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MONS. LE PAGE HAS LATELY PUBLISHED,
The French School.-Part I.
L'Echo de Paris;
Being a selection of Phrases a person would hear daily if living in France. With a Vocabulary of the Words and Idioms. Eleventh Edition. Price 43., neatly bound. By M. LE PAGE, Professor of French in London. MONS. LE PAGE's method of teaching the French Language is in accordance with nature. A child acquires its native language intuitively, and is not at first perplexed with the niceties of Grammar; so in following the system of M. Le Page it gradually becomes acquainted with the usual mode of expression in ordinary conversation, and then, when the idiom is virtually mastered, comes last of all the Grammar.
Gift of Fluency in French Conversation:
A set of Exercises for the Learner of the French Language, calculated to enable him, by means of practice, to express himself fluently on the ordinary topics of life. Fifth Edition, with notes, price reduced to 3s. neatly bound.
A Key to the Gift of French Conversation:
Which is intended to assist those ladies and gentlemen, who, after having left school, are desirous of being able to converse in French: and to the tutors and governesses who wish to teach, it will, it is presumed, be found very desirable; as, while the original work supplies them with a large stock of English words and phrases of daily use in familiar conversation, the key to it gives them the correct translation of the same into French, thereby showing them which is the proper expression for every topic of life. Price Eighteenpence sewed.
The last Step to French;
Or, the Principles of French Grammar displayed in a series of Short Lessons, each of which is followed by Questions as Exercises, with the Versification. Fifth Edition. Price reduced to 38. neatly bound.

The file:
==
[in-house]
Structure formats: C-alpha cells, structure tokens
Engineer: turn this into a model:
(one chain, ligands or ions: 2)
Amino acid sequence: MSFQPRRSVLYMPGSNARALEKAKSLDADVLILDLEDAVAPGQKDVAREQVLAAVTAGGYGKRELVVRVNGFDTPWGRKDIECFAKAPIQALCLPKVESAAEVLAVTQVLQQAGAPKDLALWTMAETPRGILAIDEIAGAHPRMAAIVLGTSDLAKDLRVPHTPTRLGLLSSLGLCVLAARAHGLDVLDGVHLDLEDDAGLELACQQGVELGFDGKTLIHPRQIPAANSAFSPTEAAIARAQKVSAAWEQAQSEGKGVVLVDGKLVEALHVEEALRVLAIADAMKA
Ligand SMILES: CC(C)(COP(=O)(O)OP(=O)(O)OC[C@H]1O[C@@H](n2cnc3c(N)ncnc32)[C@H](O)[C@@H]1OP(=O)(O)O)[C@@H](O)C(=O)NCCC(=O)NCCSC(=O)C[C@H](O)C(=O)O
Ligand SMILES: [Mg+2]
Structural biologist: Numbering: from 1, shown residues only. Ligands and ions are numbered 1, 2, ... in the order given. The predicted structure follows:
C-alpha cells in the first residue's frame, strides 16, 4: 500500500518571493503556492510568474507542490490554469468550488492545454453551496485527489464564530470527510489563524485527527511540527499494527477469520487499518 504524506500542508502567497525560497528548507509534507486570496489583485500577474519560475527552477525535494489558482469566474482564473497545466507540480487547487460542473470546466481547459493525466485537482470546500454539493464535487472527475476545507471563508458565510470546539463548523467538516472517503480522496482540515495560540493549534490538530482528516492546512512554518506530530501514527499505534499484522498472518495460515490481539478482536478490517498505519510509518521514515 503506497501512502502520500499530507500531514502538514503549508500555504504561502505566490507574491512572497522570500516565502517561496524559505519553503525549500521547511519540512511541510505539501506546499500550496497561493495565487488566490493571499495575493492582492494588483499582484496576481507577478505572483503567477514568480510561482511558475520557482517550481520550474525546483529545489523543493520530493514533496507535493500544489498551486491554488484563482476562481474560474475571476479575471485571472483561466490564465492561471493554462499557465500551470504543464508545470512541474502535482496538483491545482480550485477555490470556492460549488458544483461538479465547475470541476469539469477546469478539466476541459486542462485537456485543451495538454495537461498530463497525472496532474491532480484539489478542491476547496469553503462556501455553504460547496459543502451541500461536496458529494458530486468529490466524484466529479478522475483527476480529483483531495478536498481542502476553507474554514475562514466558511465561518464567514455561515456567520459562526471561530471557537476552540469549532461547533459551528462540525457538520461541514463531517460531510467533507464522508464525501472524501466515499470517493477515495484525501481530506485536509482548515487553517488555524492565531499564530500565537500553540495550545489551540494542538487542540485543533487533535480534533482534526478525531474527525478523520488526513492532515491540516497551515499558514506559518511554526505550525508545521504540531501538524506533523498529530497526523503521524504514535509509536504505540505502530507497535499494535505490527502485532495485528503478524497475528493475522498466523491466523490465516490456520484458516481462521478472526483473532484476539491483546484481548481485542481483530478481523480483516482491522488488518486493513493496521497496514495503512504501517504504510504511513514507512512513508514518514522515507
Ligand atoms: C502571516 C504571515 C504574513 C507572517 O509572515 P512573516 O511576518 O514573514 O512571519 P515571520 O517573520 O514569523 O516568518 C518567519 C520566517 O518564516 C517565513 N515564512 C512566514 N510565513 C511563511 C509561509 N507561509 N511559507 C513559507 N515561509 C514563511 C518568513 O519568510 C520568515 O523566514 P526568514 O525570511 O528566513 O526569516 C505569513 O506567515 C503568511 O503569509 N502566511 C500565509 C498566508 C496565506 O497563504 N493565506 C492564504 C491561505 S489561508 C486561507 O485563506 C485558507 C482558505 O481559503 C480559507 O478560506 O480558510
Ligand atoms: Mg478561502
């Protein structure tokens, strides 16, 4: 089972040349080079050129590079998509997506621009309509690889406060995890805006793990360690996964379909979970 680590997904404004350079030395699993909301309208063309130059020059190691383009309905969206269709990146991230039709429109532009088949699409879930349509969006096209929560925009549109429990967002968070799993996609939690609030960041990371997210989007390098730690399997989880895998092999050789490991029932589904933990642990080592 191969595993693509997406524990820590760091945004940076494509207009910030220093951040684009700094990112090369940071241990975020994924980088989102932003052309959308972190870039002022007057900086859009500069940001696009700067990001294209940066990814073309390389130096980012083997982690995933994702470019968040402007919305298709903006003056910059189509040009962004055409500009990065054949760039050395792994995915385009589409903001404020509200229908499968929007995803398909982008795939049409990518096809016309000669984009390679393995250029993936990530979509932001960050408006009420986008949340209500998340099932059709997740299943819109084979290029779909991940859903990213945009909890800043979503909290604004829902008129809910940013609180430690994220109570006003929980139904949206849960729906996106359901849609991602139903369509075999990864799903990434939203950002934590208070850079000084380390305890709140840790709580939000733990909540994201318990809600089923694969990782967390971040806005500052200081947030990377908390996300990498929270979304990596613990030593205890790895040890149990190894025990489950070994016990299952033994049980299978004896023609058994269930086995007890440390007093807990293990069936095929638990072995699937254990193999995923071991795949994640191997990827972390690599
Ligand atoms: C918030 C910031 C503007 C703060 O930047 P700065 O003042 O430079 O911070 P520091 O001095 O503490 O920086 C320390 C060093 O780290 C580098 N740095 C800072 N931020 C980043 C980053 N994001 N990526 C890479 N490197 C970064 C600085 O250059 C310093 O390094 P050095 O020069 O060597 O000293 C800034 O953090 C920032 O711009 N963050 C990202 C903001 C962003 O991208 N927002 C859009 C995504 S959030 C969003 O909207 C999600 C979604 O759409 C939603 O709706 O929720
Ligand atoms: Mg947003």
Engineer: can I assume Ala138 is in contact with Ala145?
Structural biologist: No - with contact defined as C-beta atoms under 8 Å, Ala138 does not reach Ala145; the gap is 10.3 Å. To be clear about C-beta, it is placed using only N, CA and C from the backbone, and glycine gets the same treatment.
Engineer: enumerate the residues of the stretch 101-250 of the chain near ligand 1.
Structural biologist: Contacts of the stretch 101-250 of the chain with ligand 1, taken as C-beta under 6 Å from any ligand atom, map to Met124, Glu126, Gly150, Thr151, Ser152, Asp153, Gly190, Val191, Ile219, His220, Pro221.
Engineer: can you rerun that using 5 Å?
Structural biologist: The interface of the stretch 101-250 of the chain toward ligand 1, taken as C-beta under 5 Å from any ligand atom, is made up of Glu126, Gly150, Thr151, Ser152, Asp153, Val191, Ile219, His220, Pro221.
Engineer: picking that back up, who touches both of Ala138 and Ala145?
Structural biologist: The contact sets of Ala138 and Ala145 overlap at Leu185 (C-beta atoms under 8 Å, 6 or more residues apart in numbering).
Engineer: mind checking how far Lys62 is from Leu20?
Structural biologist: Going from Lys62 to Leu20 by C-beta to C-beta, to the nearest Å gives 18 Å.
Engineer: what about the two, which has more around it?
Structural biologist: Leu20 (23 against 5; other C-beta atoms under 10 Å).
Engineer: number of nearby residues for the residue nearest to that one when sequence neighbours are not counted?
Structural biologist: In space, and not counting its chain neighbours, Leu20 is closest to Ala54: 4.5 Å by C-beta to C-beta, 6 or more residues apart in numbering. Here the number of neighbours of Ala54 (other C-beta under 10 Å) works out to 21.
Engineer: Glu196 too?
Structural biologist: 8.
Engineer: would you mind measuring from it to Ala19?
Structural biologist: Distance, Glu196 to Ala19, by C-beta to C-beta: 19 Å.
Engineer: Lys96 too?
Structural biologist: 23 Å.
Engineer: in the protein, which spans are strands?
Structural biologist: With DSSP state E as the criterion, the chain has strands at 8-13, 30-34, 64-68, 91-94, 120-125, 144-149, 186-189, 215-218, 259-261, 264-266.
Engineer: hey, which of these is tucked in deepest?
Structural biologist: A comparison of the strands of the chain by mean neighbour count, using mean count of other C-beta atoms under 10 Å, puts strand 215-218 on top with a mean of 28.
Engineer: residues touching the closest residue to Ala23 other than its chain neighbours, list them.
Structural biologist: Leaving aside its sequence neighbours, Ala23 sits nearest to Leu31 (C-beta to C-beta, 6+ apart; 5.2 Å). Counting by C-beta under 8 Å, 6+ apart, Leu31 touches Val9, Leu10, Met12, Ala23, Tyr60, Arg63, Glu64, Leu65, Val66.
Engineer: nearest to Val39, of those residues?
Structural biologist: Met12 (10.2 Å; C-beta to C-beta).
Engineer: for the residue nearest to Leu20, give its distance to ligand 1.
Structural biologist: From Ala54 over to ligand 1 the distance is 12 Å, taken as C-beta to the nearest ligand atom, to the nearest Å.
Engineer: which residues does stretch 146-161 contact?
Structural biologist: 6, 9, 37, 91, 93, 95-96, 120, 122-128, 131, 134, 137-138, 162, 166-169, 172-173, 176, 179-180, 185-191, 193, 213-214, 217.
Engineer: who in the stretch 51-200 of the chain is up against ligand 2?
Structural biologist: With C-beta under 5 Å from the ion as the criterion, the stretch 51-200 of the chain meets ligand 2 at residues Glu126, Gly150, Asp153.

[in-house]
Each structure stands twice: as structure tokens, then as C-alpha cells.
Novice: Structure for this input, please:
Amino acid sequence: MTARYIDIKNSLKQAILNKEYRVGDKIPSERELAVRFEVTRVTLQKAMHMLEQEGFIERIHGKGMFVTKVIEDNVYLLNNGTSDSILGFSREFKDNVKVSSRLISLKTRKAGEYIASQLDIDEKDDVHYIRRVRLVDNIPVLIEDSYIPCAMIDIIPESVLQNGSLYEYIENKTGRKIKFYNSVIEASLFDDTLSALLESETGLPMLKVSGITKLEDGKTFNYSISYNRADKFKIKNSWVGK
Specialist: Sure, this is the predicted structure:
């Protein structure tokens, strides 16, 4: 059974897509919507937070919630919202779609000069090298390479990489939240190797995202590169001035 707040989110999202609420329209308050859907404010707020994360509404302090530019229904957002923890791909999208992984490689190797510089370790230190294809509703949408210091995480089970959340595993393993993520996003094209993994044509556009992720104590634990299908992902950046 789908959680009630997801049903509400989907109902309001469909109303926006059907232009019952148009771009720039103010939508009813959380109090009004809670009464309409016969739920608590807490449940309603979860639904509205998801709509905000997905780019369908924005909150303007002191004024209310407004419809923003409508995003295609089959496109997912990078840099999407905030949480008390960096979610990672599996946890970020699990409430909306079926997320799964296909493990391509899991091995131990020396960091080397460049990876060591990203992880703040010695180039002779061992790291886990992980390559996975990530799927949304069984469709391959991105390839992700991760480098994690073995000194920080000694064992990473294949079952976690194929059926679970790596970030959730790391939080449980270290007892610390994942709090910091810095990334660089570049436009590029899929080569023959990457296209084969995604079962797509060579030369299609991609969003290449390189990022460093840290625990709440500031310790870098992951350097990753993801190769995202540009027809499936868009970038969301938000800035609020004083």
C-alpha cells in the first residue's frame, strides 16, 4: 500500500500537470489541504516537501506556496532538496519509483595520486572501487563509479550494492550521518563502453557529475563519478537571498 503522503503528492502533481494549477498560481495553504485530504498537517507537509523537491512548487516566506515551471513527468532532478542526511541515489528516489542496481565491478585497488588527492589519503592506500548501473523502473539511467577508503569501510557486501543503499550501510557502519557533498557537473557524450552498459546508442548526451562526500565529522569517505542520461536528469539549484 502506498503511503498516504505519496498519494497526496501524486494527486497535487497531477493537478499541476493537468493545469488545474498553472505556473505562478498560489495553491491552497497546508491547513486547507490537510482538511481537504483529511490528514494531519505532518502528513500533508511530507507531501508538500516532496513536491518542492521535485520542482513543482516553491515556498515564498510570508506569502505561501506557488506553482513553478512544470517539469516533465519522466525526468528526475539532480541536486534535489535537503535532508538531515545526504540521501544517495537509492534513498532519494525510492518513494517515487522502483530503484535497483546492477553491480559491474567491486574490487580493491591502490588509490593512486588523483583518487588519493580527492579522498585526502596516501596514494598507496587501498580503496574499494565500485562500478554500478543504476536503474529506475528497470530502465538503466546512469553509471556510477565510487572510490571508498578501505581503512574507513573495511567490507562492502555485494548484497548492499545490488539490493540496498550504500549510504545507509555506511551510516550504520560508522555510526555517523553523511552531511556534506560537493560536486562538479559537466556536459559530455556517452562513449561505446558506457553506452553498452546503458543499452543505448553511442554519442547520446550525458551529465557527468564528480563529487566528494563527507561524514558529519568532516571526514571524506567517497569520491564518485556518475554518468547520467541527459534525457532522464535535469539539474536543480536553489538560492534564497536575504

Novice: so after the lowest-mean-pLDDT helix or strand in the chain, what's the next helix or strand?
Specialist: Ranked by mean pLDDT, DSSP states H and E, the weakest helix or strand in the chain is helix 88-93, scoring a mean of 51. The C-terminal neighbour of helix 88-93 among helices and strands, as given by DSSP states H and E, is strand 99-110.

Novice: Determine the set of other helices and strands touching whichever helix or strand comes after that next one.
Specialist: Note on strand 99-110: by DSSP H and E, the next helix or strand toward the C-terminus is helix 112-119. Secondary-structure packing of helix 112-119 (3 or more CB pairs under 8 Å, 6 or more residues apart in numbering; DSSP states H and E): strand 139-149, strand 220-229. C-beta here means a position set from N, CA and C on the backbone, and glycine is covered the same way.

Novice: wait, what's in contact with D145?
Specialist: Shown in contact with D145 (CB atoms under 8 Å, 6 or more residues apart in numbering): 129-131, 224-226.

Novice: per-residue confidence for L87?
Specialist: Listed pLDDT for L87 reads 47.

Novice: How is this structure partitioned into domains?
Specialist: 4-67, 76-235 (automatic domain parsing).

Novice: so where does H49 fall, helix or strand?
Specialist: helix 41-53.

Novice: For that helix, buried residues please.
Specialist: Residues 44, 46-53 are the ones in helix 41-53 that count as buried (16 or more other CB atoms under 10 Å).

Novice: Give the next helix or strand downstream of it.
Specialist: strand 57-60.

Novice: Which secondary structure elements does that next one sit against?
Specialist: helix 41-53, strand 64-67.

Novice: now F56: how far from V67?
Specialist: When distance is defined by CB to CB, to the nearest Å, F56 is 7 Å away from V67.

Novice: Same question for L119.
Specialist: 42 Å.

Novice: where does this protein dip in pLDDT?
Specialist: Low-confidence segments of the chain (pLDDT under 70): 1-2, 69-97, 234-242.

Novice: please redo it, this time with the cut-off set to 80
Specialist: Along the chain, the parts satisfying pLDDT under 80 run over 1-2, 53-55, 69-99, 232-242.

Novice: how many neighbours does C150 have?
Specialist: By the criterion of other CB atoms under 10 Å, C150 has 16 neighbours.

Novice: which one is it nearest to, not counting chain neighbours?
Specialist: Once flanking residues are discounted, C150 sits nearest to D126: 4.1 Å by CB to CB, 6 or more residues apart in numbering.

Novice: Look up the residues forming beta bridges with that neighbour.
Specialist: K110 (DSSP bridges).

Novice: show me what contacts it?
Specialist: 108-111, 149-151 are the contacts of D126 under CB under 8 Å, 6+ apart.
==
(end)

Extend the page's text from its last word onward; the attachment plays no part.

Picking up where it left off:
"In The Last Step to French' we have a Grammar superior, in our opinion, to any that has preceded it; whilst the three works of M. Le Page furnish a complete library for the student in French, and at the same time a manual of conversation, enabling him at once to learn and to speak the language."-Parthenon.
French School, Complete.
The Three Parts bound in one volume, price reduced to 9s. Also,
The French Master for the Nursery;
Or, First Lessons in French, for the use of Junior Pupils.
By M. LE PAGE, 3s. 6d. neatly bound.
"M. Le Page is the best idiomatic instructor we know of. His dialogues on the sound of French letters, and the parts of speech, are of first-rate excellence."-Court Magazine.
"M. Le Page's tabulation of the verbs is as complete as it is good; his Syntax is lucid and scholar-like, and his Exercises are well graduated, and likely to exercise the student's mind with his memory."-Gentleman's Magazine.
To schools and private teachers these volumes must be invaluable."— Monthly Review.
M. LE PAGE has also just Published
Petit Musée de Littérature Française.
Elegant Extracts from the most eminent writers of France in prose and verse, with chronological and critical notices of French Literature, from the fourteenth to the nineteenth centuries.
"The selections have been carefully made, and show at once the style and the power of the writer. We strongly recommend the Petit Musee' to all those desirous of becoming acquainted with the literature of France."Argus. In one volume 12mo. handsomely bound.
The French Prompter.
A complete hand-book of conversation; for the use of families, travellers on the Continent, teachers, and students.
* The full allowance to Schools and private Teachers.
THE FRENCH GRAMMAR
MODELS, AS LEADING STRINGS,
ACCIDENCE AND SYNTAX;
A COMPARATIVE VIEW
OF THE ENGLISH AND FRENCH IDIOMS,
IN THEIR PRINCIPAL DIFFERENCES.
BY MONS. LE PAGE,
PROFESSOR OF THE FRENCH LANGUAGE,
AUTHOR OF "L'ECHO DE PARIS," "THE FRENCH PROMPTER," ETC.
"We should not think of describing an object to make it known, when we can
A GRAMMAR is always expected to develop a theory, and to give the student rules to guide him in the difficulties of the language. Therefore, to offer one in which theory is laid aside or made an object of secondary consideration, and its rules, in accidence and syntax, are superseded by models for the declension and construction of words, may be thought an act of boldness, which is likely to be reproved by many persons; and those attached to the old system, who think that theoretical precepts are the best lessons, and should be the first in every art or science, will find nothing to praise, I am afraid, in this little new work.
But those will judge differently, no doubt, who believe, as I do, that the lessons of example, in all arts and sciences as well as in morals, are always the most intelligible and powerful, and that it is much better, in general, to show than to tell how to do a thing. Those persons, I am confident, will approve of the plan of the book; and if they blame me, it will be only for the faults I may have shewn myself guilty of in its